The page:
A woman in Japan died from overwork after logging 159 hours of overtime in the month leading up to her death, labour inspectors have ruled.
Miwa Sado, a political journalist at the country’s national broadcaster, suffered heart failure in July 2013, though her employer only made the case public this week.
Officials in Tokyo deemed the 31-year-old had died from karoshi – death from overwork – after taking just two days off in the 30 days before she died, reports The Japan Times.
As a journalist for NHK, Ms Sado covered the Tokyo Metropolitan Government, dying just three days after reporting on a local election in the House of Councillors.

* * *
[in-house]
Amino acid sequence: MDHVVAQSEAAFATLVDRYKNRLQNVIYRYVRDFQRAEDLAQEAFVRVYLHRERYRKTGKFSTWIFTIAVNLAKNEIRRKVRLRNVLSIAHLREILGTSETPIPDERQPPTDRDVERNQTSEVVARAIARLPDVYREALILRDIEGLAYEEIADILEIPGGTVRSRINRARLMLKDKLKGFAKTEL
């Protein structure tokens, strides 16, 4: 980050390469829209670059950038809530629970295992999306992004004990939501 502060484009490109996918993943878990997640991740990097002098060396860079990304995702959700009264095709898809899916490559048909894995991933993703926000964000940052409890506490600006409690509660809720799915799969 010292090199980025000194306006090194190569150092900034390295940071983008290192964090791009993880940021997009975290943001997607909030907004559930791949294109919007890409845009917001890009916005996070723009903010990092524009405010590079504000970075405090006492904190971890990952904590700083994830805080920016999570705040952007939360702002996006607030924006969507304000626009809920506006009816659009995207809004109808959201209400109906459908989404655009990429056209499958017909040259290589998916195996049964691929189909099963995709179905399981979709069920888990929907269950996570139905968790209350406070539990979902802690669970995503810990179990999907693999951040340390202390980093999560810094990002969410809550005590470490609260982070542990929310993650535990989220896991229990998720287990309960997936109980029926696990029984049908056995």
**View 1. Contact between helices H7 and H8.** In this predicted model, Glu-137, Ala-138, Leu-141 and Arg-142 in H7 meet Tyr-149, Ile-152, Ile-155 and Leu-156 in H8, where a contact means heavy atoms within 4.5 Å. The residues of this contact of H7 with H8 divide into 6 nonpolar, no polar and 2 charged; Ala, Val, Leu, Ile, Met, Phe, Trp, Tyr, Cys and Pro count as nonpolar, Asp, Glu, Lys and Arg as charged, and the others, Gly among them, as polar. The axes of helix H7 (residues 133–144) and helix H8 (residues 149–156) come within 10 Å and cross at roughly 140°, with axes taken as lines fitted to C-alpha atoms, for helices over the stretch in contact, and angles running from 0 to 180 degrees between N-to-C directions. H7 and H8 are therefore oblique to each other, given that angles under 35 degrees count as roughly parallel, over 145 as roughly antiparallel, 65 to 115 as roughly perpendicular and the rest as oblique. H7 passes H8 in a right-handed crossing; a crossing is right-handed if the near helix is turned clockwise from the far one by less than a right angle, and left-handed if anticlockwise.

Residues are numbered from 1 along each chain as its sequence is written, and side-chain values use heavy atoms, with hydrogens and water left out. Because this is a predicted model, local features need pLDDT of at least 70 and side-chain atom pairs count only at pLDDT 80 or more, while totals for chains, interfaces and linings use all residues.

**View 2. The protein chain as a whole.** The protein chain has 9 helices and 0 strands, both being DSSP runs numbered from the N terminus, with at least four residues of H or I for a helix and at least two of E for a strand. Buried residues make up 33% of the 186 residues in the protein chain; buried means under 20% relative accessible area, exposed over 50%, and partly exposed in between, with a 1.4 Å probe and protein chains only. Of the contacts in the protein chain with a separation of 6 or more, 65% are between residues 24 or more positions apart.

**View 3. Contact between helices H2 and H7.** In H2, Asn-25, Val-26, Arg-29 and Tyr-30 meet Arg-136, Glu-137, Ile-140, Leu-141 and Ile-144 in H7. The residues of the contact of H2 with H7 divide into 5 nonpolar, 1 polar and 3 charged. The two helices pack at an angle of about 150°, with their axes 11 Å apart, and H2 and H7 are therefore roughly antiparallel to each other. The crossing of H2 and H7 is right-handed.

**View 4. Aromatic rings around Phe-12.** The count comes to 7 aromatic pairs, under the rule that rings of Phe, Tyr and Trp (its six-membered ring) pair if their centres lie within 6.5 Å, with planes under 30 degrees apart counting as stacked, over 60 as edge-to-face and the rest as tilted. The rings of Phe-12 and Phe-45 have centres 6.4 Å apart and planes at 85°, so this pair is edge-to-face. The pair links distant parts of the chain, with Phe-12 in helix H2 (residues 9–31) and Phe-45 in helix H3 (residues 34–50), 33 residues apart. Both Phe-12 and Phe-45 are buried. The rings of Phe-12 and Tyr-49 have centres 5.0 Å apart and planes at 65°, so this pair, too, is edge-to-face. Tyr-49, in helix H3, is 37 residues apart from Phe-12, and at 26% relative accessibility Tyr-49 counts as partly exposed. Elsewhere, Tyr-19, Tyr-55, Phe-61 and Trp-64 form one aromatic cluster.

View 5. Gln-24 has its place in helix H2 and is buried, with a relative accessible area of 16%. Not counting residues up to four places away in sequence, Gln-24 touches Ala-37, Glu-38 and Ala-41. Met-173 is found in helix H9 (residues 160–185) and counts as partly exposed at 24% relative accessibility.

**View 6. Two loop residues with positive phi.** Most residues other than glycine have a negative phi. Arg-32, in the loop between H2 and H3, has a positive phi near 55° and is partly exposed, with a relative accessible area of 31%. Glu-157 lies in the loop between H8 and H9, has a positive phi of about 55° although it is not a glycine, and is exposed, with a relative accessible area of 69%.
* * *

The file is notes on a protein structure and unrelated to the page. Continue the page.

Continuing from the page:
Masahiko Yamauchi, a senior official at the broadcaster, said Ms Sado’s death was a “problem for our organisation as a whole, including the labour system and how elections are covered”.
In a comment released by NHK, her parents said: “Even today, four years after, we cannot accept our daughter’s death as a reality.
“We hope that the sorrow of the bereaved family will never be wasted.”
In 2015 the suicide of an advertising agency employee, who was working 100 hours overtime a month, prompted calls for a shift in Japan’s work culture.
According to a national survey, a fifth of the country's workforce are at risk of karoshi, since they clock more than 80 hours extra work time each month.
With around 2,000 people a year killing themselves due to work-related stress, the Japanese government has recently taken measures to address the issue.
In February it launched a campaign urging employees to leave early at 3pm on the last Friday of every month, and in May it named and shamed more than 300 companies that had breached labour laws.